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Illinois Reverently Remembers Its Favorite Son

Times Staff Writer

When developers began planning this town in 1853, they hired an attorney to draw up the legal papers.

Not knowing what to call the place, they decided to name it after the attorney who later would become the 16th President of the United States. It was the first--but far from the last--town named in his honor. Today, towns named for Abraham Lincoln can be found nationwide and in some foreign countries, on street signs, buildings and schools.

But Lincoln’s impact is most evident in Illinois, also known as “Lincoln Country” or “The Land of Lincoln.” As a circuit-riding attorney serving 14 county seats in central Illinois, Lincoln crisscrossed the state. His political campaigns took him to still other corners of the state where plaques, statues, monuments and buildings recall his appearances. Almost everywhere in Illinois there is something named in his honor.

Name Is Everywhere

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In the town of Lincoln, population 15,000, “practically everything is named for him,” said Matt Mason, 31, a printer for the weekly Lincoln Courier.

But perhaps most notable are the state’s many statues in his honor. Some are quite unusual, like the slice of watermelon that carries this inscription: “Near this site Abraham Lincoln christened the town with the juice of a watermelon when the first lots were sold Aug. 27, 1853.”

At the Vermilion County Museum in Danville, Ann Hillenburg, 33, was busy adjusting the pant leg on a Lincoln mannequin in stocking feet. Lincoln is shoeless, Hillenburg explained, because he had walked from the Danville railroad station to the home of his friend and kicked off his boots in the bedroom.

“It happened during Lincoln’s unsuccessful campaign for the Senate against Stephen A. Douglas,” she said. When a crowd gathered outside the home to see Lincoln, he made an appearance in his stocking feet because his feet were so swollen, he couldn’t get his boots back on.

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Other statues depict Lincoln debating in the town of Freeport; reading a book while riding a horse at New Salem; sitting on a stump, an ax by his side, at Millikan University in Decatur.

At the State Fairgrounds in Springfield is a 30-foot-tall “rail splitter” statue of Lincoln holding an ax and wearing an open shirt, rugged trousers and boots. In Clinton, this famous Lincoln quote is inscribed on a statue in town square: “You can fool all the people part of the time and part of the people all of the time but you cannot fool all the people all the time.”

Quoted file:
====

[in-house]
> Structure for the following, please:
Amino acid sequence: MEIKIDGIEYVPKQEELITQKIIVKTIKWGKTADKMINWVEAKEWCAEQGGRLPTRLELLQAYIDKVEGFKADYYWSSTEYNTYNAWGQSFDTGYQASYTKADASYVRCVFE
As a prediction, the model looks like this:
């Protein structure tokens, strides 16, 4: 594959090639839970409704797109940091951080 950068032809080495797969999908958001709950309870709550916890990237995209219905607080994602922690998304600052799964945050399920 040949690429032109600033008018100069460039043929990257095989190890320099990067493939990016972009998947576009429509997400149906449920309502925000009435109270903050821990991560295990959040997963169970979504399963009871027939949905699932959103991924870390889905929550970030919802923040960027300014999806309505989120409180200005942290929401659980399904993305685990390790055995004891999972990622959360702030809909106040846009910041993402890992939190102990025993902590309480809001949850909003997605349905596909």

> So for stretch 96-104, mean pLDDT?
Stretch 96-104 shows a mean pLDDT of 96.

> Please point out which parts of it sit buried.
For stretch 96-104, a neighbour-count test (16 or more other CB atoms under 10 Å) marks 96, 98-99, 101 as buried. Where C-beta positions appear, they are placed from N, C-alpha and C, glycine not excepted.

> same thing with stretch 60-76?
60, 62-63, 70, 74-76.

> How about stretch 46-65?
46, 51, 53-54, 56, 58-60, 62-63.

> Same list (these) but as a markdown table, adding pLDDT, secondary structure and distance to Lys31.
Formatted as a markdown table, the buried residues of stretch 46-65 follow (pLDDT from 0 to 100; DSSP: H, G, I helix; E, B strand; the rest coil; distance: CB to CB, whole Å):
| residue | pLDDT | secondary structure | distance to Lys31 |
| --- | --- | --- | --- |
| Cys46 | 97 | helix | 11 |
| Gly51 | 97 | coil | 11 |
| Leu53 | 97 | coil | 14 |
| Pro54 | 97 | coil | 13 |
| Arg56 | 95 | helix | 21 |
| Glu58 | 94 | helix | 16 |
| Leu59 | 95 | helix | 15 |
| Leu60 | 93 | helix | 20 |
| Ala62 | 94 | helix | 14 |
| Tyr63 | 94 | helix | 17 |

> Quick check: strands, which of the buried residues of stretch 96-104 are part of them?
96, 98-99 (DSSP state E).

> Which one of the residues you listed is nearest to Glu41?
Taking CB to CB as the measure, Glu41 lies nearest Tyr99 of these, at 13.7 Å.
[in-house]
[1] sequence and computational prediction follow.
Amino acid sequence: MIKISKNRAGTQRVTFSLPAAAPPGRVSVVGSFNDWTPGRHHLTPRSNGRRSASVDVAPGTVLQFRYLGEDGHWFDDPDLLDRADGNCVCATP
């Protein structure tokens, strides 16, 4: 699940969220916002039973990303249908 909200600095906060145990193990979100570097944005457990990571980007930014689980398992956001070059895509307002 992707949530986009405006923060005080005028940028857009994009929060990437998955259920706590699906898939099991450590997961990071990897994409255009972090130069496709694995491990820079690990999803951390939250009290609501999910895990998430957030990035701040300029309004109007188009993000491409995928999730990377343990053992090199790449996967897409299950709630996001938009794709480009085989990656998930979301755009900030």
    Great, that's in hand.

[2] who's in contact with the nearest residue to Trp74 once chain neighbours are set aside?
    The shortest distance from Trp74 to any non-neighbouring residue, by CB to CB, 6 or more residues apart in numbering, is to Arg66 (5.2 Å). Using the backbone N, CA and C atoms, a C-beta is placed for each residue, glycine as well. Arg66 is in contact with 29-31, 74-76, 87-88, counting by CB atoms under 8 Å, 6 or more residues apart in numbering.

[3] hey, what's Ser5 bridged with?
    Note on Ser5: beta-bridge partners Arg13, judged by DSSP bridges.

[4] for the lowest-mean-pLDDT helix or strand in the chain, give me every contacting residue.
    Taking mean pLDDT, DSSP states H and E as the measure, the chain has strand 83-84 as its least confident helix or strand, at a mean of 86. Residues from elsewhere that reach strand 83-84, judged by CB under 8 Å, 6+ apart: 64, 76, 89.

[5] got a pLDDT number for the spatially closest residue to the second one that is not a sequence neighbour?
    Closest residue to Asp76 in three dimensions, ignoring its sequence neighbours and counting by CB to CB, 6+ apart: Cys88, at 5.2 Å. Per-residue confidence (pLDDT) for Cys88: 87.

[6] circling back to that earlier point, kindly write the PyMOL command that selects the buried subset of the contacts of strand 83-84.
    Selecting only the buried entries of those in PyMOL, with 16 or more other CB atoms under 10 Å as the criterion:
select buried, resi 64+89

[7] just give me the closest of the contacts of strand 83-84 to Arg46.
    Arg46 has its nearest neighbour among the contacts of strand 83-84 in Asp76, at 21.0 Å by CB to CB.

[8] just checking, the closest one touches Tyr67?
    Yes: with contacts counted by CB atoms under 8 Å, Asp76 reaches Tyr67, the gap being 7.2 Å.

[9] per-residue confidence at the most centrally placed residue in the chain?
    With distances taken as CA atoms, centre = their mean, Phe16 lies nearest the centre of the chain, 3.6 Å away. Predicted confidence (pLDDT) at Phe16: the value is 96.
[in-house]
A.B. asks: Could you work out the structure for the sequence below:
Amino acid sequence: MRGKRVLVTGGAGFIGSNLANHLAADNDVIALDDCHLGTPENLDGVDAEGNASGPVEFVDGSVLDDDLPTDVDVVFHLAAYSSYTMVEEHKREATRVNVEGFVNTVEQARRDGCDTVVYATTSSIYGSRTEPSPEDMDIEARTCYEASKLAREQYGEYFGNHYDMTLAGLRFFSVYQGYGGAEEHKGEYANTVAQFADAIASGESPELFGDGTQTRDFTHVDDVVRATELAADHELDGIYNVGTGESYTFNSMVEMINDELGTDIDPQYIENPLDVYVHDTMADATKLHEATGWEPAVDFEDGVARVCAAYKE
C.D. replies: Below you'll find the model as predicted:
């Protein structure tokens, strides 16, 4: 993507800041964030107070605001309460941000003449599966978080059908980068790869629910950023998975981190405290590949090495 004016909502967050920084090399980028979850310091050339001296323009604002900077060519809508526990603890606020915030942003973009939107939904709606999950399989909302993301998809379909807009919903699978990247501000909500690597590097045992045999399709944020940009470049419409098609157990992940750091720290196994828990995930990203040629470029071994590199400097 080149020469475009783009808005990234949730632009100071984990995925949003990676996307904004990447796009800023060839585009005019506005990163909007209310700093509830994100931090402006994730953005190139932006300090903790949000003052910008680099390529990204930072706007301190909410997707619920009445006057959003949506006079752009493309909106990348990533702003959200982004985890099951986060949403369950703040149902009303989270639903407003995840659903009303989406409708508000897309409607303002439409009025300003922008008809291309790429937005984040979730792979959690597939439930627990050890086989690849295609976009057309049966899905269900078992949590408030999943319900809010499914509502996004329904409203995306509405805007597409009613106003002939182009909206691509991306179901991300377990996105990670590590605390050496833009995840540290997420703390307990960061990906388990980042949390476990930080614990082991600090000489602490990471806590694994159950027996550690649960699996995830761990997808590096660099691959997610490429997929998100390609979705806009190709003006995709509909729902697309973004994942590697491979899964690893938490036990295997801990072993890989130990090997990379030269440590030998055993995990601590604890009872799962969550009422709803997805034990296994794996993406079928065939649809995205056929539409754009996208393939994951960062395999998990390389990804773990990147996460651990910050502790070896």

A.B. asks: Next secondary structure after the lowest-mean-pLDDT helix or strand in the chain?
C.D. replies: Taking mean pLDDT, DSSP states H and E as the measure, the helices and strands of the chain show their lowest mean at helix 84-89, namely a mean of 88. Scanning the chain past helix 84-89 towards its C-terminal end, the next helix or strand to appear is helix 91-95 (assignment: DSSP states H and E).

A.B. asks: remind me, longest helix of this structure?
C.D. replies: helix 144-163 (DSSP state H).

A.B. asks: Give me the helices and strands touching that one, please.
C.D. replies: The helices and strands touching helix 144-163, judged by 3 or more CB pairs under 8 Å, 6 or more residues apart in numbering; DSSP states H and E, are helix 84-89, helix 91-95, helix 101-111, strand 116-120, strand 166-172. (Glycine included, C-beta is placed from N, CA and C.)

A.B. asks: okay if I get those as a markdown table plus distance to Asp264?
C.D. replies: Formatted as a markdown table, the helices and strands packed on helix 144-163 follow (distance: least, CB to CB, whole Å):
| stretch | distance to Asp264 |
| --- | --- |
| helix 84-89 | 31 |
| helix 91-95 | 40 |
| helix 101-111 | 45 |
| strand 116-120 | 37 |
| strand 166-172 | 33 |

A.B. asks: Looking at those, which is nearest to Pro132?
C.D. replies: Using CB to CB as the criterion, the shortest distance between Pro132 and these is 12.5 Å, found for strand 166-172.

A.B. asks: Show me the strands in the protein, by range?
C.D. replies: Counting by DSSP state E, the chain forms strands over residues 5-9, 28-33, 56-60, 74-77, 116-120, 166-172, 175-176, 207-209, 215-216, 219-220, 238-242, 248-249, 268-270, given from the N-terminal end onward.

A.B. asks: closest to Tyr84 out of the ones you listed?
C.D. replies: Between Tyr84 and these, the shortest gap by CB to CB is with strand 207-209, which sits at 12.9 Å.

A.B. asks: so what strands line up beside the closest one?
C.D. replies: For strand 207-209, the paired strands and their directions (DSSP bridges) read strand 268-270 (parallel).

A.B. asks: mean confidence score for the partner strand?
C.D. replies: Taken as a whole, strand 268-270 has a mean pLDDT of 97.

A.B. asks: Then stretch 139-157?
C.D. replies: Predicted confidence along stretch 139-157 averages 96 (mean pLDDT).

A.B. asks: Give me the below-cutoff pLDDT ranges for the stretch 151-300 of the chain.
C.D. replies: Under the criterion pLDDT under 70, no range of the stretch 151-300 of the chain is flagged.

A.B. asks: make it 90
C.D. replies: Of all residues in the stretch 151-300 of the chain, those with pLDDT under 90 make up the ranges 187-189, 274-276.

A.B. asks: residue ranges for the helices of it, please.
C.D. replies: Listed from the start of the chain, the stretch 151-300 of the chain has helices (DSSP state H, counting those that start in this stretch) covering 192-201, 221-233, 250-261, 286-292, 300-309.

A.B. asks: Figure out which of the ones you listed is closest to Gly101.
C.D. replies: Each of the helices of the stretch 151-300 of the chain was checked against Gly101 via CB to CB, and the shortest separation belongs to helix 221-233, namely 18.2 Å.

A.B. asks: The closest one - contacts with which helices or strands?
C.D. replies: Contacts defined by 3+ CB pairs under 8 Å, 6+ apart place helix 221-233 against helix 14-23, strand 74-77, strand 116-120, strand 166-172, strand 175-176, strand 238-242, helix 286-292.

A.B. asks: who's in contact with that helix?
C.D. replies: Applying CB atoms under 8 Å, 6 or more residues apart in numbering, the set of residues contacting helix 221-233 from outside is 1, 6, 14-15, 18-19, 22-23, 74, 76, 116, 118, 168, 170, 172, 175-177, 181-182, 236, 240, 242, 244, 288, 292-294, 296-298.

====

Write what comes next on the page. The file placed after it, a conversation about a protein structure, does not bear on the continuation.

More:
And near Lawrenceville, on the western shores of the Wabash River--just over the Lincoln Memorial Bridge on the Lincoln Memorial Highway--is Nellie V. Walker’s 50-year-old monument to the Lincoln family entering Illinois for the first time on a cold, blustery winter day.

The statue features a bigger-than-life figure of 21-year-old Abe Lincoln leading the family from Indiana to Illinois in an ox-drawn covered wagon.

For the last 13 years in New Salem State Park, Abraham Lincoln’s life has been recalled each summer in “Your Obedient Servant, Abe Lincoln,” a remarkable play written and produced by John Ahart, a theater arts professor at the University of Illinois.

It is presented in a theater built by the Civilian Conservation Corps during the Great Depression. About 100 feet away are the store and post office where young Lincoln worked from 1831 to 1837.

Today, New Salem features 23 reconstructed log buildings typical of Lincoln’s era. A 30-foot-high portrait of him serves as stage backdrop as players reenact his life amid the buzz of katydids and the flickering of fireflies.

It was in New Salem, 20 miles northwest of Springfield, that young Lincoln courted Ann Rutledge. Nearby, in the cemetery at Petersburg, a tombstone reads: “I am Ann Rutledge who sleeps beneath these weeds. Beloved of Abraham Lincoln, wedded to him not through union, but through separation. Bloom forever O Republic, from the dust of my bosom. Jan. 7, 1813-Aug. 25, 1835.”

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Buried in Springfield

Lincoln was buried in Springfield’s Oak Ridge Cemetery. The massive tomb in his honor was built with public donations, said Nan Wynn, 34, manager of Lincoln’s Tomb State Historical Site. Last year more than 300,000 people visited the site where Lincoln’s wife, Mary Todd Lincoln, and three of their four sons are also buried.

Only Robert Todd Lincoln lived to manhood. He died at 82 and is buried in Arlington National Cemetery. Abraham Lincoln’s last direct descendant, Robert Todd Lincoln Beckwith, a great-grandson, died at 81 in Virginia in 1985.

The Springfield home where Lincoln and his family resided for 17 years is the centerpiece of a four-block National Historic Site administered by the National Park Service.

A $2.2-million renovation to the house was completed last summer. It is furnished as it was when Lincoln left for Washington in 1861. Among the treasures are 65 original family pieces, including the President’s rocking chair.

Also in Springfield is the law office Lincoln shared with Billy Herndon, the federal courthouse where Lincoln worked as an attorney on 200 cases, the Lincoln family pew in the First Presbyterian Church and the old Great Western Railway Depot where Lincoln bid farewell to his friends and supporters when he left for the White House. The Old State House, too, is preserved where Lincoln served as a representative, laid in state following his assassination and delivered his famous house-divided speech: “A house divided against itself cannot stand. I believe this government cannot endure, permanently half slave and half free. . . .”

One of five original drafts of Lincoln’s Gettysburg Address is on display in the old Capitol.


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